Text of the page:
Michael Finnissy

HCMF 2014: Shorts, Feldman’s Pianos, asamisimasa

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Yesterday was HCMF’s annual day of ‘Shorts’, concerts of between 20 and 40 minutes, affording the opportunity to hear an exceptionally diverse range of music. Taken as a whole, it’s a cross between an Aladdin’s cave and one of those machines with the grappling hook that you find in amusement arcades: you’re not really sure what you’ll get, but every now and again it’s something really special. Among the highlights was guitarist Diego Castra Magaš‘ rendition of Michael Finnissy‘s Nasiye, a passionate work that transmits both dignity and authenticity, the Kurdish folk music that inspired it running like a thread throughout, movingly brought to the surface in its intense closing climax. Double bassist Kathryn Schulmeister gave a stunning account of two pieces by Catalonian composer Joan Arnau Pàmies, the latter of which, [k(d_b)s], set about forging a new musical language from scratch, de-coupling performance parameters and working with them independently; it began sounding like a swarm of bees angrily trying to sting their way out of a jiffy bag, but where it went from there is impossible to describe—suffice to say it was truly remarkable, and the same goes for Schulmeister’s performance, turning an ostensibly ungainly instrument into a writhing white-hot crucible. Read more

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HCMF 2014: Lohengrin, Philip Thomas, Aurora Orchestra

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Not that the Huddersfield Contemporary Music Festival needs to reinforce its cutting edge credentials, but if it did, featuring Salvatore Sciarrino‘s Lohengrin on the opening night would certainly do it. The piece is cast in a single act—but an act of what? this is the question that pervades the work and abides long after it has finished. The certainties are these: that Sciarrino’s starting point is Jules Laforgue’s story, featuring the figure of Elsa, a “virgin in distress, falsely accused of murdering her brother”, and that the music is performed by 15 players and three singers, the majority of whom are prerecorded and worked into an electroacoustic element, while five of those performers appear on stage alongside, most prominently, a solo voice. Everything else is to a large extent open to interpretation. One implication is that the soloist is Elsa, the performance physically informed by the plethora of intense emotions resulting from her fraught situation. Yet her words—always fragmentary, often expressed extremely quietly—encompass those of other characters too, in addition to portions of narrative. Putting that ambiguity on one side for a moment, the five on-stage players could be read as familiars of the soloist, and even, as the work progresses, emotional/psychological avatars, channelling aspects of her state of mind (particularly at the very end, when her voice becomes tightly constricted). Back to the ambiguity: the overall impression is that this is all taking place in the crazed, delirious mind of the woman, for whom the fragmentary, ephemeral recounting of events might be personal (i.e. she is Elsa) yet could equally be distorted/co-opted ‘memories’ from a story she perhaps once heard (i.e. she has reimagined herself as Elsa). Read more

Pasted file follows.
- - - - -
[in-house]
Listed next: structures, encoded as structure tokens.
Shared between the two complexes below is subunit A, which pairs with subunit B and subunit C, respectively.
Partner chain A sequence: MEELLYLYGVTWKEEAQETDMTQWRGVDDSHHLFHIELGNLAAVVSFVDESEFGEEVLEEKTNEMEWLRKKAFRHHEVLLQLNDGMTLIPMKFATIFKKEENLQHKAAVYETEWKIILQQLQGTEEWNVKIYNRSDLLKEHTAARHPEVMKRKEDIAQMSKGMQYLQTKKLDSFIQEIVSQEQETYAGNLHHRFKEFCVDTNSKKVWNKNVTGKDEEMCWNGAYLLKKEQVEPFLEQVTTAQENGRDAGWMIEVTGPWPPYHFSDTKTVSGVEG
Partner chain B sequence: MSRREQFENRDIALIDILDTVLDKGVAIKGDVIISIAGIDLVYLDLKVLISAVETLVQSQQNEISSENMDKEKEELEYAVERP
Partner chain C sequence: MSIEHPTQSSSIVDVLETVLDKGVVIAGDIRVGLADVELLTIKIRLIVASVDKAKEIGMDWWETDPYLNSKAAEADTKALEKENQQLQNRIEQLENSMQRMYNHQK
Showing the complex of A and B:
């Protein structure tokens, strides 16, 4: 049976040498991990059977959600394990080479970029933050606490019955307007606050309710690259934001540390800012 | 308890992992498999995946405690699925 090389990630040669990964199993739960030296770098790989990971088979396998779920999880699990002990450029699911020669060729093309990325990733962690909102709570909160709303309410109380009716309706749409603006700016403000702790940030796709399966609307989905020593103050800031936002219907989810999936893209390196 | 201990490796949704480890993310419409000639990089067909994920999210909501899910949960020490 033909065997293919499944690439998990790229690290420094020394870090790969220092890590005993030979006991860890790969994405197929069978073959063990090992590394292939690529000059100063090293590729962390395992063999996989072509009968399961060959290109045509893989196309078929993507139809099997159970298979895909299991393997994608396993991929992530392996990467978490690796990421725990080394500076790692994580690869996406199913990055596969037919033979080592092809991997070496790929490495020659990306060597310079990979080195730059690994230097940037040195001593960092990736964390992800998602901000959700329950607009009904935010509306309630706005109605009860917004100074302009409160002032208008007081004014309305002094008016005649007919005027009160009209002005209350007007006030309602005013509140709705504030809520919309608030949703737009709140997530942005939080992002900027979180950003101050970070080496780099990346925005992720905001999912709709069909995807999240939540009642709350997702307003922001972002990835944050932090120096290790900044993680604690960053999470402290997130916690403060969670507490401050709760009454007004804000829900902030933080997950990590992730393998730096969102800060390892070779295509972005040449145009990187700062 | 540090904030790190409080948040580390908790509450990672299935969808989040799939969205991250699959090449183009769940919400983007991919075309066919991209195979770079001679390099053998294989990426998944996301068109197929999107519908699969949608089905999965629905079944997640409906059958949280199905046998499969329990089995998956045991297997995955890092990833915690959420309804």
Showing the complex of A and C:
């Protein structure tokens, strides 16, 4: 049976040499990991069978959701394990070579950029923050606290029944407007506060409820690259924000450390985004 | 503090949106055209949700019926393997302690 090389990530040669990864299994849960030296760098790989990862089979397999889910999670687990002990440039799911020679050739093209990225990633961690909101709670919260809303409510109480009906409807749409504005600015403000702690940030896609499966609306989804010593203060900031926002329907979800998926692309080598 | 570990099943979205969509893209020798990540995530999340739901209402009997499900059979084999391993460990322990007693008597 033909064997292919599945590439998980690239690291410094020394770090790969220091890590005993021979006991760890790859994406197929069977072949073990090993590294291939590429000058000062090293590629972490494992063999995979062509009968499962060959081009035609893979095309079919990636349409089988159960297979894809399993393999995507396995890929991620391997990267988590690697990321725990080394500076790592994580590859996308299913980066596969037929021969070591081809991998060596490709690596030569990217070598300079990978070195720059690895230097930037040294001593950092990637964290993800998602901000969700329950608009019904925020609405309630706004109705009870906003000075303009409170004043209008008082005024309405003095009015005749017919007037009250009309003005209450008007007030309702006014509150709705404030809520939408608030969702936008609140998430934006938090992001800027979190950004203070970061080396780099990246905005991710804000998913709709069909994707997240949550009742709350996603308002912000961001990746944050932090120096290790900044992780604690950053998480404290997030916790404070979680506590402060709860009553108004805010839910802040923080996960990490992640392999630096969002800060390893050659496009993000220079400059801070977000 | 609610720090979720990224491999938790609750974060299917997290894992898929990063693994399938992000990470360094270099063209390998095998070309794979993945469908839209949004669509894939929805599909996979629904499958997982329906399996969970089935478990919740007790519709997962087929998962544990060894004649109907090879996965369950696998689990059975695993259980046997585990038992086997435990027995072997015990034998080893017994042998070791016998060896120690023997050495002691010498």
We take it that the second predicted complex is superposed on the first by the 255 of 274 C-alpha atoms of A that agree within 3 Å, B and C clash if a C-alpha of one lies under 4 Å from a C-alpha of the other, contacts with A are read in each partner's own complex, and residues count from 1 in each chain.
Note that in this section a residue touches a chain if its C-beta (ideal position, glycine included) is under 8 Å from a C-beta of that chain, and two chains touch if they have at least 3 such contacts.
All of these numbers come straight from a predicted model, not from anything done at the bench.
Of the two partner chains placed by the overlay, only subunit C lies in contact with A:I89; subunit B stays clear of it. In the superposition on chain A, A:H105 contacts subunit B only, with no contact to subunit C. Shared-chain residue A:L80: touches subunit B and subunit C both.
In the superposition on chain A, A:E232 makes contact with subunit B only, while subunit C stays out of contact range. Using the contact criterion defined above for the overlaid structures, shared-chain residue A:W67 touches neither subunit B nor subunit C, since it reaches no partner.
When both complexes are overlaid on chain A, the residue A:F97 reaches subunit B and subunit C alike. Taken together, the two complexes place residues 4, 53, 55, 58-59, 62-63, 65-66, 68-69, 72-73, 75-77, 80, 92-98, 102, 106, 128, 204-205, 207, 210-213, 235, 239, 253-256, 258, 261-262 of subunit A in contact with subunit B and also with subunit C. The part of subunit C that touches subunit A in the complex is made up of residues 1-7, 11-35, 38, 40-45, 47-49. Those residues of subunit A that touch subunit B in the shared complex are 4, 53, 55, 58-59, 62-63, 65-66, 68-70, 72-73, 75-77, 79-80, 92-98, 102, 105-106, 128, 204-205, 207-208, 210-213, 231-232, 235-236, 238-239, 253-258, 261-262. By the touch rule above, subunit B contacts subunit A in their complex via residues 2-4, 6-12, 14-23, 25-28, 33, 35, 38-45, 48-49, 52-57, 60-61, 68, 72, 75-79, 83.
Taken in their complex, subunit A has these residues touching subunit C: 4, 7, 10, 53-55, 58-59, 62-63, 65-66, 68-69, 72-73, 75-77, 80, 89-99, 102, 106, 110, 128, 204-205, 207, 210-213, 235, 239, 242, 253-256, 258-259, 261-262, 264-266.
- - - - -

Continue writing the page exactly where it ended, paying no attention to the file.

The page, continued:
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Best Albums of 2013 (Part 2)

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Bringing 2013 to an end, here’s the final part of the best albums of the year. Go on, give your ears a treat, they deserve it. Read more

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Proms 2012: the premières – how you voted

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Two weeks have passed since the Proms 2012 season came to an end, so today i’ve closed the polls for each of the works premièred this year. This was the first year that i included polls, & in total 615 votes were cast; thanks to all of you who took part. i’ve taken a careful look at the results, & they make for interesting reading; here’s a summary of how you voted.